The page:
The whole scheme, it seems, is that the new album comes from some place of supreme artistic inspiration, brought on by Jay-Z’s juggling of success, failure, fatherhood, and keeping credit behind his rapping character. The end goal is to sell copies and Samsung products, but a critical component of that plan is the careful maintenance and presentation of the Jay-Z character, the Nets cap-wearing, gold watch-donning master hip hop executive. Where it gets interesting is when he does things like yesterday’s video shoot, creating another layer of inspired artist-ness to the persona. As GalleristNY pointed out this week, “Jay-Z’s never been shy about his interest in contemporary art,” but with this appearance he’s directly placing himself in the same frame of reference as contemporary visual and performance artists in addition to his musical colleagues. It’s actually kind of brilliant postmodernist thinking: he’s appropriating all of the cultural ideas and preconceived notions about artists and using that to manipulate his own image ever so slightly (and not super subtly). He’s not anymore just Jay-Z the rapper, now he’s Jay-Z the artist, and that’s the image being used to sell albums and phones, regardless of its validity.
“Picasso Baby” in particular shows Jay-Z playing his “vibrant child” card when he boasts “I’m the new Jean-Michel” in the song’s second verse, despite the fact that Jay is a 43-year-old multimillionaire with a career that spans 17 years (more than half of Basquiat’s entire lifetime) and a seemingly stable (and ridiculously famous) family life. Jay-Z is simply not the fresh renegade artist on the scene. Quite the contrary, it seems like the former Shawn Carter is kind of out of things to say. On MCHG, he tells us (for the thousandth time) about his success in rising from selling drugs in the Brooklyn projects to becoming the mogul he is today. The only new development even from 2011’s collaboration with Kanye, Watch the Throne, is that he had a baby with Beyonce, but the media has so tirelessly covered Blue Ivy from day one that even that storyline is stale and played out by now. This may be Jay-Z’s first album as pops, but that doesn’t make his development into fatherhood compelling source material.
It also raises some interesting questions about the theory behind this sort of performance art. Was Jay-Z lip-synching one of his own songs in front of a curated audience to promote himself, his new product and the products of a massive corporation in the same vein as some of the performance pieces Abramovic is famous for? You could argue that the latter was also a sort of artistic self-promotion, so where does the line between art and advertisement fall? Is Jay-Z’s performance closer to “The Artist is Present” or a sponsored mural outside a Chipotle?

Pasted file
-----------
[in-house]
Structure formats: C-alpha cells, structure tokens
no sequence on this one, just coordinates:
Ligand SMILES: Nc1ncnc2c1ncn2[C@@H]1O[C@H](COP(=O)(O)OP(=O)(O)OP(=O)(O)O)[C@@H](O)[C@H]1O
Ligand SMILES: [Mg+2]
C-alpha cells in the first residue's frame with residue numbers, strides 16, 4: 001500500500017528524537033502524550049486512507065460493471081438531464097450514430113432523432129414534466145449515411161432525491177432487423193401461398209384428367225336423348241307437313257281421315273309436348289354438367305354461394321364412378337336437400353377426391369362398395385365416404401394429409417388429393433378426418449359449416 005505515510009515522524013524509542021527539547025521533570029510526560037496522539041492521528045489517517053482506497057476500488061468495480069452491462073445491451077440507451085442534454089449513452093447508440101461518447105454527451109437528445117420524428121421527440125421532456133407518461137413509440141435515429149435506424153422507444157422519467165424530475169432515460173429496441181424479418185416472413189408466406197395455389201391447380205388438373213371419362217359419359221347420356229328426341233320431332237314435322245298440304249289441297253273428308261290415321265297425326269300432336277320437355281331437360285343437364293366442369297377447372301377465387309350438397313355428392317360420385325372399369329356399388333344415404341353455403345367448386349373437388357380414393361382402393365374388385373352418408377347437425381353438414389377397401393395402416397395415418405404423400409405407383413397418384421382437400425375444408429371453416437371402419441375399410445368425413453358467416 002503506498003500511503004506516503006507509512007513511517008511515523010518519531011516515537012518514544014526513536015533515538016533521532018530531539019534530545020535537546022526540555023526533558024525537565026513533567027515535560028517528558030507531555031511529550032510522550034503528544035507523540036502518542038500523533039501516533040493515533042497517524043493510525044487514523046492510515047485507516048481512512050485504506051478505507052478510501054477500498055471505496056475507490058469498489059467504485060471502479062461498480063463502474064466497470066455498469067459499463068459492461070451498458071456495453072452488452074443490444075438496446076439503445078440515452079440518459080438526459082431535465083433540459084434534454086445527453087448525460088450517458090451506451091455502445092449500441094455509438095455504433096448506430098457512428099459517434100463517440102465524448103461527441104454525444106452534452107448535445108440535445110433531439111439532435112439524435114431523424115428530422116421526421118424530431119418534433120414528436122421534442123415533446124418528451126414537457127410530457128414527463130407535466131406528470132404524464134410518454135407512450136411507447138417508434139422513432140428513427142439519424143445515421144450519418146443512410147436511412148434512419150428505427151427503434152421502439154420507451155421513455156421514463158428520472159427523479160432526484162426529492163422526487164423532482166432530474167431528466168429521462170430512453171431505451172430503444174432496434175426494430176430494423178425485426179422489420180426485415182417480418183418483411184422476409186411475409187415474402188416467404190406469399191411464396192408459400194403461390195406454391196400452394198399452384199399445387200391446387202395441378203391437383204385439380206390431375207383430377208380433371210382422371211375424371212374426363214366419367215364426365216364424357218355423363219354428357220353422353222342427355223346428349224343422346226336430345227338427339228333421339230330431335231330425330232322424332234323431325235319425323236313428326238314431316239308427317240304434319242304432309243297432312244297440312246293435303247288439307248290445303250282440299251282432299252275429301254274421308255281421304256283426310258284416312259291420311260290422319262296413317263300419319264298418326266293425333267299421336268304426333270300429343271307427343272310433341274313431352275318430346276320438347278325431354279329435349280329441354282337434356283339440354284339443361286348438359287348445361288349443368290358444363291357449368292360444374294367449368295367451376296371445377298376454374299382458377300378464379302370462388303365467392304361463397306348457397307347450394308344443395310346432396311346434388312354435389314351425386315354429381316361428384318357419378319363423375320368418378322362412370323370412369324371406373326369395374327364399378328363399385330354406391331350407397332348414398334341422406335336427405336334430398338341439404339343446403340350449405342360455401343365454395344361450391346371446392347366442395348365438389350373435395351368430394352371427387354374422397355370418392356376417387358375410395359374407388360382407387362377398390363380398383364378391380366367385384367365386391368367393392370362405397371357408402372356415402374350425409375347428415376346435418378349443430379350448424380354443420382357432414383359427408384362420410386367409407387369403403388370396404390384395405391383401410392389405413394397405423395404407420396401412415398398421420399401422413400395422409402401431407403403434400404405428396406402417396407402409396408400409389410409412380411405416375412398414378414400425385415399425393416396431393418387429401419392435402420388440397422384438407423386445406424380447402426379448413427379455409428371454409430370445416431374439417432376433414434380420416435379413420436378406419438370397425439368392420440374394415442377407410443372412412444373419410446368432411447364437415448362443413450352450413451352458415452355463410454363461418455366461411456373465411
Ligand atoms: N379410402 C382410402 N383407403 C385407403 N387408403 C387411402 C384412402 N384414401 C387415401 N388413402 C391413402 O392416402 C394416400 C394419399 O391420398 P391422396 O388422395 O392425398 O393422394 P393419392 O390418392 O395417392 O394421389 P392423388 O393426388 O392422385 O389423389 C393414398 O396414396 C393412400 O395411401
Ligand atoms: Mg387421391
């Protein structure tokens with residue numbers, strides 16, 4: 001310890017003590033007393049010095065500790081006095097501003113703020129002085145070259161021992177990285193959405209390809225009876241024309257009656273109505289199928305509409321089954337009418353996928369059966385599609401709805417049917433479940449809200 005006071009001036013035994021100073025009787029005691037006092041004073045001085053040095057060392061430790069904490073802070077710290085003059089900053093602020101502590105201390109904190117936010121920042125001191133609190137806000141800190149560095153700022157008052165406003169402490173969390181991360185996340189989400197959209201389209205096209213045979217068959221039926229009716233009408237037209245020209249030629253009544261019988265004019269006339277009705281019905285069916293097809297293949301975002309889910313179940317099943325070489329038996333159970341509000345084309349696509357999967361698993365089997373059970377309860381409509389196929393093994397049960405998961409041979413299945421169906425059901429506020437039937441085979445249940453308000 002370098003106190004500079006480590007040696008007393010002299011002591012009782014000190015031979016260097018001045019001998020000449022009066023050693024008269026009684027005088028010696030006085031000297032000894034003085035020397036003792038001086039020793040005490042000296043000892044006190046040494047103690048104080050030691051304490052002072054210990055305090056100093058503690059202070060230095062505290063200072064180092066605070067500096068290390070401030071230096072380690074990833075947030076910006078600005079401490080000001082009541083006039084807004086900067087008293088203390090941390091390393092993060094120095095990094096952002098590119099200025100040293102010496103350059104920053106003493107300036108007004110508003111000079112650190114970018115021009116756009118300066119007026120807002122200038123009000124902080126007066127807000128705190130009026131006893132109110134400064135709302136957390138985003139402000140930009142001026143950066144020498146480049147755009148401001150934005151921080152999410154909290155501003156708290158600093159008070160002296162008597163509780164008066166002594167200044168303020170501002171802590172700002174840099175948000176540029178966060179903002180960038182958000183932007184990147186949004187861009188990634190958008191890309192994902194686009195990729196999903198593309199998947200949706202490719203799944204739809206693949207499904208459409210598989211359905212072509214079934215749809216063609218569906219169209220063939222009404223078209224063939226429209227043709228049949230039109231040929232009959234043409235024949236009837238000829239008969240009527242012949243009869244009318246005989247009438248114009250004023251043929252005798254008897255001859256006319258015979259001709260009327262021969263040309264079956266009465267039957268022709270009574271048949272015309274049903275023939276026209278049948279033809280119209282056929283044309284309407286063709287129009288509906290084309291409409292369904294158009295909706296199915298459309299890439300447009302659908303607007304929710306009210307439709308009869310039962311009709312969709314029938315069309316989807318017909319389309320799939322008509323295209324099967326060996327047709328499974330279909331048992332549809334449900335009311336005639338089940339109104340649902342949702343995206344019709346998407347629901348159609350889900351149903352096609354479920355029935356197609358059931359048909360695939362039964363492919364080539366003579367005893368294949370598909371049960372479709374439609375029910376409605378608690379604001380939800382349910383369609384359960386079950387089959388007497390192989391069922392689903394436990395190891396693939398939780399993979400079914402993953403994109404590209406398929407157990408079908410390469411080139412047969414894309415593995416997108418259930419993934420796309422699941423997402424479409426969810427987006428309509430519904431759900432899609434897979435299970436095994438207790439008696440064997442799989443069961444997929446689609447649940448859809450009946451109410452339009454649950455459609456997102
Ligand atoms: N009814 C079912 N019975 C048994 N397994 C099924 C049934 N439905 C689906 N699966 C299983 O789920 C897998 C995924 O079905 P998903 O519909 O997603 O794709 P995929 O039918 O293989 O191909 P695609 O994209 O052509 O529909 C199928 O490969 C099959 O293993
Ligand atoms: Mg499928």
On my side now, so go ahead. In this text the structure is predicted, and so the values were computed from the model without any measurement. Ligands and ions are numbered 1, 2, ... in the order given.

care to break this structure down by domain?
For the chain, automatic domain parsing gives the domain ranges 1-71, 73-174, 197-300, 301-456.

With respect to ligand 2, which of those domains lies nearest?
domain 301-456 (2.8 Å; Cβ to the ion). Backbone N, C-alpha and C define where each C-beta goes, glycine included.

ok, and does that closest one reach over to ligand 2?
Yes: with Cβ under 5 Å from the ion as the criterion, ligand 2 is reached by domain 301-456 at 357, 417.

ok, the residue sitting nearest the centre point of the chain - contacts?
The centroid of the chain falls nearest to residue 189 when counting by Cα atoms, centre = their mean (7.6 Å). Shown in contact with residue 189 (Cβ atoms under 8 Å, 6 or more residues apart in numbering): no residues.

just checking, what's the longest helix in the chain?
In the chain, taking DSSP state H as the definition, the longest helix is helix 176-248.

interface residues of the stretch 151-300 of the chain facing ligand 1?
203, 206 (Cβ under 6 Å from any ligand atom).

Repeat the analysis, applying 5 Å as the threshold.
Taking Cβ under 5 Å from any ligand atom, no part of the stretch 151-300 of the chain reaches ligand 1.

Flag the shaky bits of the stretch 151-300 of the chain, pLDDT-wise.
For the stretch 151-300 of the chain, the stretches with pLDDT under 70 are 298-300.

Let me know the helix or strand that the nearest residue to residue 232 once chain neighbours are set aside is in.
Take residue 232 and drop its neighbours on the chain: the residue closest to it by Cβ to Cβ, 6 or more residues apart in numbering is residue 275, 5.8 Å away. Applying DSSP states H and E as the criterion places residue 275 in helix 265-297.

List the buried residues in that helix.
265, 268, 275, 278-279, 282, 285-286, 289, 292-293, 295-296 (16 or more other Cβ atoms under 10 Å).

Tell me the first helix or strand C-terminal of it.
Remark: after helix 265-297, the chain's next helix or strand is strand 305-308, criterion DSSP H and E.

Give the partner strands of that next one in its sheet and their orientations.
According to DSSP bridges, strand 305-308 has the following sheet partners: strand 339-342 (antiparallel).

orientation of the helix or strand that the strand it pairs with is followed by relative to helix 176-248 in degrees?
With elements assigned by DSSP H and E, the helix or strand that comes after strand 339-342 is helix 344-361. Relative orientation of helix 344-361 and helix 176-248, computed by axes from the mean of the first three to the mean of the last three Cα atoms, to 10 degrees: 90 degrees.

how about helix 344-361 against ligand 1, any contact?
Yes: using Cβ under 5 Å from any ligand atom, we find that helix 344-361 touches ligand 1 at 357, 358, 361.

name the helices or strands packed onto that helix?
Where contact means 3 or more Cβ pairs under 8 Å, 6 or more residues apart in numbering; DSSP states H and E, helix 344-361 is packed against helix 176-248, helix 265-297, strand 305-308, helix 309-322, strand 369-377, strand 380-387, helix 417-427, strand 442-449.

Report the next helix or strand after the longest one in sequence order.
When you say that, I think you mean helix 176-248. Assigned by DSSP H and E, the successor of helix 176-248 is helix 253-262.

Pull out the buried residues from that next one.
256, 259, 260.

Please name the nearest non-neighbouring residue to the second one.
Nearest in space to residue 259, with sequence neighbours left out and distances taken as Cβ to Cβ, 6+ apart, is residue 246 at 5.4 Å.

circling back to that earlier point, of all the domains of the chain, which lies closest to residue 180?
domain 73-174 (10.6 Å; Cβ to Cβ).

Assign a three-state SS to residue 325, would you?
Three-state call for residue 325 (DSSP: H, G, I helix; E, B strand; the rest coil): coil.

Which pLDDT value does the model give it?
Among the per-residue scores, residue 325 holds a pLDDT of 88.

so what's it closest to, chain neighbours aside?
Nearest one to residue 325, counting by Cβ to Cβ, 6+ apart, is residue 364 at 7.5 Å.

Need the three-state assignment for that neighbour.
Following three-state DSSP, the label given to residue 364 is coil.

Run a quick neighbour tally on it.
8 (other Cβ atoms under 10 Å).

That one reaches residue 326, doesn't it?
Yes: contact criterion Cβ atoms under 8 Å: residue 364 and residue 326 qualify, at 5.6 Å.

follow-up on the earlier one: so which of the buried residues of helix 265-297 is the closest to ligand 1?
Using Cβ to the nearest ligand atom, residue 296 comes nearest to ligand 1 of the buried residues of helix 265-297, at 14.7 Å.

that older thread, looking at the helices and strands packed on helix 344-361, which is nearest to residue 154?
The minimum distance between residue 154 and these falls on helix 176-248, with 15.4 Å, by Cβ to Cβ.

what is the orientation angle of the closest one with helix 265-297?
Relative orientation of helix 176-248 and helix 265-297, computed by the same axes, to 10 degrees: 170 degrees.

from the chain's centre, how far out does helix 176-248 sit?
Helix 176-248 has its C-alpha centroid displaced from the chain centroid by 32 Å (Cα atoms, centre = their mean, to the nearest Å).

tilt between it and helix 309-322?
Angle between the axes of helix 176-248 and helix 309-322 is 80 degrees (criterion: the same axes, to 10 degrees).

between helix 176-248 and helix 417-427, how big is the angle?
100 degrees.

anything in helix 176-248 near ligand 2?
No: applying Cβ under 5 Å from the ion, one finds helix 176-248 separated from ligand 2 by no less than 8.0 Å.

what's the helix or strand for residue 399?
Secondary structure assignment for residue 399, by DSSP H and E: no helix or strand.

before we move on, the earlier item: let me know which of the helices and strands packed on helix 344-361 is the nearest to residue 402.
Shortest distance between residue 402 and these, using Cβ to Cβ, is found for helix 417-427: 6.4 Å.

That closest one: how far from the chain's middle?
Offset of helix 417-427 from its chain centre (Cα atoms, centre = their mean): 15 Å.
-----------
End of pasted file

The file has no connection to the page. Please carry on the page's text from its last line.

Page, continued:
At one point during the Magna Carta Holy Grail promo ad that showed during Game 5 of the NBA Finals last month (on ESPN, nonetheless, which opens a totally different discussion on corporate culture and image), Jay-Z says that “the album is about, like, this duality of how do you navigate through this whole thing, through success, through failures, through all this and remain yourself,” which is indeed true, at least in part. There is an interesting duality being played off of with the album and its promotion, one that bounces the rapper between being presented as a cultural and artistic icon and staying true to the financial, corporate juggernaut the Jay-Z brand represents.
Jay-Z is, to his credit, mirroring the art world with MCHG‘s buzz – the album and the big-budget promotional campaign swirling around it may be pushed with a cultural, art-as-a-higher-calling veneer, but at its core it’s still simply and basically all about business. The event likewise was presented as a piece of performance art, even to the point of getting Abramovic there, but it was after all a video shoot, making Wednesday’s “piece” really nothing more than a flashing promotion. Which on one hand, is fine – by all means, artists (musical and otherwise) should look to push the boundaries of promotion and hype-creation and Jay-Z has done exactly that this summer – but you can’t heap on the cultural cred and artistic gravity AND turn the proceedings into a corporate sideshow without the former ringing a little hollow.
Took a quick jaunt to Northern Illinois and Chicago this weekend for the holiday, and of course you can’t be cruising down Michigan Avenue and not stop at the Art Institute of Chicago. The museum is always killer, but I was blown away by one artist in particular whose work was being exhibted in the Modern Wing as part of the Art Institute Society for Contemporary Art Acquisition for 2013.
Anna Boghiguian is an Egyptian-born artist working between Cairo, Europe, and the United States. What was specifically impressive about her exhibition was the fact that it was a collection of 80 notebook-sized drawings/paintings/collages that hit on everything from 19th-century colonialism to old French textbooks to the division of Germany to the current War on Terror to the Arab Spring. Boghiguian combined drawings with crayon and pencil with splashes of watercolor and digital images to create a series of works that was really intesely personal while also having an air of the historic.
I don’t have any detailed shots of the pieces because I didn’t have a camera on me in the museum (even on my phone, I know), but even so it really is an instillation that’s better experienced starting at one end of the wall and working your way down, looking and absorbing each page on its own and slowly getting a sense of how all of these historical and personal events flow from one to another. Because each page is ripped straight from a notebook, the whole installation views like a wide and dirty travelogue of the last 200 years. I also really enjoyed the fact that much of her handwritten script on the pages has a hint of influence from one of my favorite artists, Jean-Michel Basquiat.
And of course, what better way to end a museum trip than a stop at the gift shop? I always like to pick up a print or a poster each time I visit a museum (even if I’ve been there before) as a sort of notebook on where I’ve been and what I’ve seen. This time I grabbed a poster of Stuart Davis’ painting Ready-to-Wear from 1955. It’s a great piece of hard-edge painting from American mid-century modernism.